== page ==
There’s more to worry about than interest rates when you take out a mortgage. You must also consider the term or amortization period. In fact, the 2 go hand-in-hand. The shorter your loan’s term, the lower the interest rate. Of course, this depends on your credit and other qualifying factors. Generally, though, you can get a somewhat lower rate with the shorter term.
So should you choose the shorter term? We look at the pros and cons. First, though, let’s look at the definition of amortization.
What is Amortization?
Amortization refers to the length of time you borrow the money. The average borrower takes a 30-year term. However, there are 15, 20, and 25-year terms available. The shorter the term, the less you pay for the loan. Your interest rate may be lower. But, you also pay less interest over the life of the loan. This occurs no matter your interest rate.
The Benefits of a Shorter Amortization Period
Taking the shorter amortization period definitely has its benefits. We discuss them here.
- Own your home faster – The less time it takes to pay off your loan, the quicker you own it. A shorter term means you pay more principal with each payment. The longer terms mean you pay more interest. The first several years consist mostly of interest payments on these terms. Borrowing for less time means you must pay more principal in order to pay the loan off in time.
- Gain equity faster – As you pay your principal down, you earn equity. Each principal payment increases your equity proportionately. You don’t have to use the equity, but it can offer a great return on your investment. If you end up in an emergency, the equity may be there to help you.
- Pay less interest – A shorter term means you pay less interest. Let’s compare a 30-year term to a 20-year term. Borrowing money for 30 years means you pay interest on the balance for those 30 years. Borrowing for 20 years means you pay 10 less years of interest. At several hundred dollars a month in interest, that’s a significant savings.
The Disadvantages of a Shorter Amortization Period
As always, there is good with the bad. You should consider some downsides before opting for the shorter term.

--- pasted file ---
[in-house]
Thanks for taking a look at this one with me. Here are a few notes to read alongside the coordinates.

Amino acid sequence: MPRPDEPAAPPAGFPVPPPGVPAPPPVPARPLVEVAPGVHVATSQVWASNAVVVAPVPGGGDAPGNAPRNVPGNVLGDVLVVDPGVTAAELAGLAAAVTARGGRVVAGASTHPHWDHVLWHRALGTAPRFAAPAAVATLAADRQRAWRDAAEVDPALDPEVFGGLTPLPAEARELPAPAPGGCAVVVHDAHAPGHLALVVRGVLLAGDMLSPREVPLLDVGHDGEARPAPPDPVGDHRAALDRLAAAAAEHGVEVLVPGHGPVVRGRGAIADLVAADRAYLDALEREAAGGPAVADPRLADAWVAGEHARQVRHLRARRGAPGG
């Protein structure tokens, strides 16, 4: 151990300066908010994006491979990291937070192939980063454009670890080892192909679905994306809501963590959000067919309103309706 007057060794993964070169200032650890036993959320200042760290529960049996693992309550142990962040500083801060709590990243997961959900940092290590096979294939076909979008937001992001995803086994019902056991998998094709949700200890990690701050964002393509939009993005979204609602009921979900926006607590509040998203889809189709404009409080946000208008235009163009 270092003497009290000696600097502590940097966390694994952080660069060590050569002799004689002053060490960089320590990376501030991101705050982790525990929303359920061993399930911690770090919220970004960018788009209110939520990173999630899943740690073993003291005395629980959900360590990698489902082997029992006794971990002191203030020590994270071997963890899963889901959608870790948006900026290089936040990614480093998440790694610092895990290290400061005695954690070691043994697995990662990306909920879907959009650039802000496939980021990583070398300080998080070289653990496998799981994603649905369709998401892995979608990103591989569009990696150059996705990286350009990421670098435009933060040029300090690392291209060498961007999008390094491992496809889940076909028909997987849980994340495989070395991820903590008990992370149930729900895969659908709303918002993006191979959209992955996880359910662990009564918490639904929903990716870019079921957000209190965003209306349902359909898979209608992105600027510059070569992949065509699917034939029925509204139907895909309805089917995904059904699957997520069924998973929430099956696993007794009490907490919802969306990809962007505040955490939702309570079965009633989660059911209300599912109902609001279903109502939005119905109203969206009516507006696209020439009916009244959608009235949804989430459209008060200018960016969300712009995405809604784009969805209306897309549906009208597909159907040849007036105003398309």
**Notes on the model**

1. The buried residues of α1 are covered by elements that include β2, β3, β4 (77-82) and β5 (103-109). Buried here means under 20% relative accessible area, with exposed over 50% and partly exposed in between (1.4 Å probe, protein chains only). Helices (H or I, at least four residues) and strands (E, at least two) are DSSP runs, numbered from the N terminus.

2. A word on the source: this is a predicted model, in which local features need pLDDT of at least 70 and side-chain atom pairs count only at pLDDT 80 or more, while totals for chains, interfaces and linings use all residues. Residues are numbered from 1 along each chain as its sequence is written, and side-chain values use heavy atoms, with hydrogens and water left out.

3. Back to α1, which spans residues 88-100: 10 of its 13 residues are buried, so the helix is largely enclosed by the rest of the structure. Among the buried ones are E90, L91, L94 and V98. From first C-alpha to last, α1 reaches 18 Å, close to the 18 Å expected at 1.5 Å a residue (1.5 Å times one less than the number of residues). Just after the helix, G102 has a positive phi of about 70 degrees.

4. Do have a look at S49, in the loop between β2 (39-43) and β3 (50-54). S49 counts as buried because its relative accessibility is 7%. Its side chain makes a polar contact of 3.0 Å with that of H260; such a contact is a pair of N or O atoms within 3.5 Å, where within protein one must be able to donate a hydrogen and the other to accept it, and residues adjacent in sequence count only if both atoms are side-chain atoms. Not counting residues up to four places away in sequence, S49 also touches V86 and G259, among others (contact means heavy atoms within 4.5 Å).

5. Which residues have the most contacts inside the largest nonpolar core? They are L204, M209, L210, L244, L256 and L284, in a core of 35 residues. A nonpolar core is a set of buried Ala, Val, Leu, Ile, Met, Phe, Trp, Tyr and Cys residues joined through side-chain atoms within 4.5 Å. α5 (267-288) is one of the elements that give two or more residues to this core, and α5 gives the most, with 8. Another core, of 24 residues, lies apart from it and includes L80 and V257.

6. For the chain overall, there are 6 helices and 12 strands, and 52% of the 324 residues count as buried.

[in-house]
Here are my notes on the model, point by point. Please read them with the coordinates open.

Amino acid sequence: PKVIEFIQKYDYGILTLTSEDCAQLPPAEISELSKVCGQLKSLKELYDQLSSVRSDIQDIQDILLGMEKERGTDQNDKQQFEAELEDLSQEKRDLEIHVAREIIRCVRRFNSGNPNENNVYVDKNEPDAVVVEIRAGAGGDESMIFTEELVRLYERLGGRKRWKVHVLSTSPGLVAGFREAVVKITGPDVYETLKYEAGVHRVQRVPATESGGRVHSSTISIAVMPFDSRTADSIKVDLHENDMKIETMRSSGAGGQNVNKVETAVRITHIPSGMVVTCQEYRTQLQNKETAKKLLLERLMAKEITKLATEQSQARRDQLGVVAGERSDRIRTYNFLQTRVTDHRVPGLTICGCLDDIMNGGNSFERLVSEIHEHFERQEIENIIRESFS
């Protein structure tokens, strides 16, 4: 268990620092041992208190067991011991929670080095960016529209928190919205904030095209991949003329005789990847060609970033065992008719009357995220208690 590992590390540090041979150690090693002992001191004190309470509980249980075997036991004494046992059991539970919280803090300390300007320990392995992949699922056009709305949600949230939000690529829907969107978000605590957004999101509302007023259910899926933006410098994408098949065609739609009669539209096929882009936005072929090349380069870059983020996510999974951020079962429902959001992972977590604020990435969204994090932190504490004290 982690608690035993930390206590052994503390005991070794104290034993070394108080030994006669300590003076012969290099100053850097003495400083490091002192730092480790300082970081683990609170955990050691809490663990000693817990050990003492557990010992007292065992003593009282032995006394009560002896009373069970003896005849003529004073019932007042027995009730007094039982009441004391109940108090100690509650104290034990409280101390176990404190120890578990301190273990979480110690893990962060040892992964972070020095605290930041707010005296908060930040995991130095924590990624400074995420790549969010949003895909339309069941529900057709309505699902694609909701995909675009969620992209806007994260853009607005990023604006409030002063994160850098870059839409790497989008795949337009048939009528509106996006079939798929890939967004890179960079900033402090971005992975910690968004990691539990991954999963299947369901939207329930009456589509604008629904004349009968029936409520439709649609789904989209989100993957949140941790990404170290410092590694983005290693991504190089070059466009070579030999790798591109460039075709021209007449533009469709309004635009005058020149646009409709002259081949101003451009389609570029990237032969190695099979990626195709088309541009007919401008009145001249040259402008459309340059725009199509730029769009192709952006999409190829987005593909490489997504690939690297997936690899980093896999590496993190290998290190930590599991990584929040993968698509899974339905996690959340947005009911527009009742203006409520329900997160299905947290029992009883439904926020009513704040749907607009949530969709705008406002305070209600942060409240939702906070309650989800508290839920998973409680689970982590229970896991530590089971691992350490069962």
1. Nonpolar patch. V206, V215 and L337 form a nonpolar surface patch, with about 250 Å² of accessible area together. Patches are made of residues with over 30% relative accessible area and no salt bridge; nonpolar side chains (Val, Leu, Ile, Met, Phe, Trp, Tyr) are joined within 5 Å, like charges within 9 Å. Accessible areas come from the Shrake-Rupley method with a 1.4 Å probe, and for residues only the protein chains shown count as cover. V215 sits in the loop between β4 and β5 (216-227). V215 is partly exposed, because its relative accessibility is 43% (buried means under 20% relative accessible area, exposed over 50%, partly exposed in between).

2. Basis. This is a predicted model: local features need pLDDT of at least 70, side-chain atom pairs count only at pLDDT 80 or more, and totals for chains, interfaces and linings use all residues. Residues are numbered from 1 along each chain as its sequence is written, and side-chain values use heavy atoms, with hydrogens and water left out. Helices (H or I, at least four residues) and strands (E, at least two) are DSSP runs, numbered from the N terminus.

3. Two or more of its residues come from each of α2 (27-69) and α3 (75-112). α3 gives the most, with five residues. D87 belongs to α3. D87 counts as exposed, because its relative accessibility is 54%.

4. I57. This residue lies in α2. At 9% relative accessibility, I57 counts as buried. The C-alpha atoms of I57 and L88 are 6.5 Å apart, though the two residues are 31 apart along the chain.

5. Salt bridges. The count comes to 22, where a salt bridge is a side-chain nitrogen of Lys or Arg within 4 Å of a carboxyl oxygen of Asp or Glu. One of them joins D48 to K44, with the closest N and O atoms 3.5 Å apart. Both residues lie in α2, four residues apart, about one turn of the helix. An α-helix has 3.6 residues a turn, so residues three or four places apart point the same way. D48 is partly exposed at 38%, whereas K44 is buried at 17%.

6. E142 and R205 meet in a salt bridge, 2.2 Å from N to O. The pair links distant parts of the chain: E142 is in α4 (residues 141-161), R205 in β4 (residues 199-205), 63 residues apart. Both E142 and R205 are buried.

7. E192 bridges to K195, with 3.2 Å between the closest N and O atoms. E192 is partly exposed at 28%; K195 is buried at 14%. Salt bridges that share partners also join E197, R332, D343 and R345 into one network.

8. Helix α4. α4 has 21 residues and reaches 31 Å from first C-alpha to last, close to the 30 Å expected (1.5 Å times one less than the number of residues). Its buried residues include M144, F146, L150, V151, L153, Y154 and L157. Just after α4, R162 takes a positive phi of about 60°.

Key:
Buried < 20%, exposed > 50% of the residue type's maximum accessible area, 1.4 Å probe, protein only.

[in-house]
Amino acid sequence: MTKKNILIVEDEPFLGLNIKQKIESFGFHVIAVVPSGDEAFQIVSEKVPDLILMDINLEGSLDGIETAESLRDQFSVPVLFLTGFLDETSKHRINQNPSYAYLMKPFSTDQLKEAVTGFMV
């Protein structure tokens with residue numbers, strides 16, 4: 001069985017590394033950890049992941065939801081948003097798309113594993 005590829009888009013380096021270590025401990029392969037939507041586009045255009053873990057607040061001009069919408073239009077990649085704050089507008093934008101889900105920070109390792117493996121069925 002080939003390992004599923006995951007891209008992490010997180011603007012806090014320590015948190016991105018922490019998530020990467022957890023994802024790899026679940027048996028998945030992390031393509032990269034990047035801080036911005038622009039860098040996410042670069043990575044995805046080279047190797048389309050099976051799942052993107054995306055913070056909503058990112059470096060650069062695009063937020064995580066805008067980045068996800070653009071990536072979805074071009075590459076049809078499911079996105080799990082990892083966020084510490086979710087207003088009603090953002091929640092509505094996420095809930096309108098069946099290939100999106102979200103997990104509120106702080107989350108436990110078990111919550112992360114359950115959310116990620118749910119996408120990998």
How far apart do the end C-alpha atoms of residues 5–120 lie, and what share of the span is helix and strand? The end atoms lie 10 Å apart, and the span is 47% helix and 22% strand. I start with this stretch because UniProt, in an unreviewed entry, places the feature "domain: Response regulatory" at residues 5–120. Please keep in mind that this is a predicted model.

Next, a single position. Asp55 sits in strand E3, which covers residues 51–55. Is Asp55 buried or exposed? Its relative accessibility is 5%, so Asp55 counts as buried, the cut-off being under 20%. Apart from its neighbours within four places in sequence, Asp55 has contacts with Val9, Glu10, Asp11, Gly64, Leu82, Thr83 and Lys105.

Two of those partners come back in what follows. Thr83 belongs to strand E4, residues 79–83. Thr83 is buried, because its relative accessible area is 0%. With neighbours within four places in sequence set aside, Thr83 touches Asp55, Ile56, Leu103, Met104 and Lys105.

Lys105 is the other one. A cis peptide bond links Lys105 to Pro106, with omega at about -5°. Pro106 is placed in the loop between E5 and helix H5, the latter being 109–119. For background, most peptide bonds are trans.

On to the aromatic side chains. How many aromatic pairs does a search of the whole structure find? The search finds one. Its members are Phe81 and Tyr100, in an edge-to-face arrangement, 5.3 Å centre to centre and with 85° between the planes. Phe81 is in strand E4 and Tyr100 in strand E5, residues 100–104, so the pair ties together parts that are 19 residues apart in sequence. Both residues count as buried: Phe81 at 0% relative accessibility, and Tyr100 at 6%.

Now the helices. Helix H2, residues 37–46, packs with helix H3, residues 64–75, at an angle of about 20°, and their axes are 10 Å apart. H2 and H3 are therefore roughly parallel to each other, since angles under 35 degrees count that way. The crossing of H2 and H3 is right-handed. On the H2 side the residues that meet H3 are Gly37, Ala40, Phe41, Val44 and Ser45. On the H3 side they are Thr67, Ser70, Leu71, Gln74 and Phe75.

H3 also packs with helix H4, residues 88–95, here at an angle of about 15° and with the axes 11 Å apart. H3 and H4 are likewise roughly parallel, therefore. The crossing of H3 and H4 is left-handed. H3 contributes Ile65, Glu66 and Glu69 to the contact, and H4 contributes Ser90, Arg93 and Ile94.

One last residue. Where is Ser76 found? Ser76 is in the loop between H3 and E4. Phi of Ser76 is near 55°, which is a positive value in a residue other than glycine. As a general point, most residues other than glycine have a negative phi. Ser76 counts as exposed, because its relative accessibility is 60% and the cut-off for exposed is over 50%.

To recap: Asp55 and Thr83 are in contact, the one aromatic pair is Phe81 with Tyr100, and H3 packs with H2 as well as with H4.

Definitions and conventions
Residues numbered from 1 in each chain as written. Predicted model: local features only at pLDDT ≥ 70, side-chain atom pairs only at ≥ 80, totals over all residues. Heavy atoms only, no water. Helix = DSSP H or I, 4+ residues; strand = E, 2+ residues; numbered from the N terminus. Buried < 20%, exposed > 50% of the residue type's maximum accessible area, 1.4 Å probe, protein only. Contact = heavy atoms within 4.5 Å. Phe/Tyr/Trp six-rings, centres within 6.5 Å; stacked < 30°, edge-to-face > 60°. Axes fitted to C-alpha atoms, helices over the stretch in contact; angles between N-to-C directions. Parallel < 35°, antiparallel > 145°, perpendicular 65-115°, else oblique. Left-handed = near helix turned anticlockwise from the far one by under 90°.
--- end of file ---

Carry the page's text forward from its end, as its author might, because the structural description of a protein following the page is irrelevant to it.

- Higher payments – Paying the principal down faster may mean you have higher payments. You won’t pay as much interest, but you’ll pay more principal. This directly affects your investment. It’s not a bad thing to pay more principal. But the payments are usually higher than the shorter term’s payments. They can be harder for some people to afford.
- You may afford less home – If you purchase a home, a shorter term may lower your buying power. Your debt ratio affects the amount you may borrow. The higher the ratio, the less you can borrow. A higher mortgage payment increases this ratio. Because a shorter term means a higher payment, it can limit how much you may borrow.
- Higher risk of default – You don’t have the option of paying less than your required payment. If you don’t make the payments, you risk losing your home. There’s no way around it.
Getting Around a Longer Term
There is one way you can have it both ways. You can opt for the longer term at the onset. Take the lower minimum payments. You’ll also take the higher interest rate. But, you can make larger payments down the road. Most loans today don’t have a prepayment penalty. You can pay as much as you want on the loan. You can go about this several ways.
- Make biweekly payments – Make ½ of your monthly mortgage payment every 2 weeks. Because some months have more than 4 weeks in them, you pay 13 mortgage payments per year. This can knock off several thousand dollars off your principal. This means knocking a few years off the term of your loan.
- Make lump sum payments – If you receive large sums of money at certain times of year, apply them to your mortgage. Tax refunds or bonuses are 2 good examples. You can put the entire amount towards your principal. It doesn’t change your payments or interest rate. But, it does knock your principal down which knocks the term down.
- Pay extra when you can – You can also just pay more towards the principal when you can afford it. There’s no rule stating you have to make regular extra payments. You pay what you can and lower your term as much as is affordable for you.
What Should You Do?
Now, what should you do? It’s a personal decision. Look at your finances. What can you afford? Does the shorter term affect your buying power? Are you willing to sacrifice for a smaller or less expensive home?
You must ask yourself these questions. Then compare your options. How much more is the 15-year term versus the 30-year? Did you look at a 25 or 20-year term? They are less common, but available.
Talk to your lender. See what options they have. Sometimes they have incentives for shorter terms. They may charge fewer closing costs or points. Lenders prefer shorter terms because they get their money back faster. They may have ways they encourage borrowers to choose this option.
Weigh the pros and cons of each term. Then look at your Loan Estimate to see the true cost of each loan. Look at not only the interest rate, but also the cost over the life of the loan. Your Loan Estimate shows you the payments over the life of the loan. Use this information to make your decision. This way you base it on not only payments today, but also how much you pay for the home over its entirety.
Take your time and compare offers from different lenders. Not all lenders offer 20 or 25-year terms. Some don’t reward borrowers for a shorter amortization period either. See what options you have and choose the one that is right for you.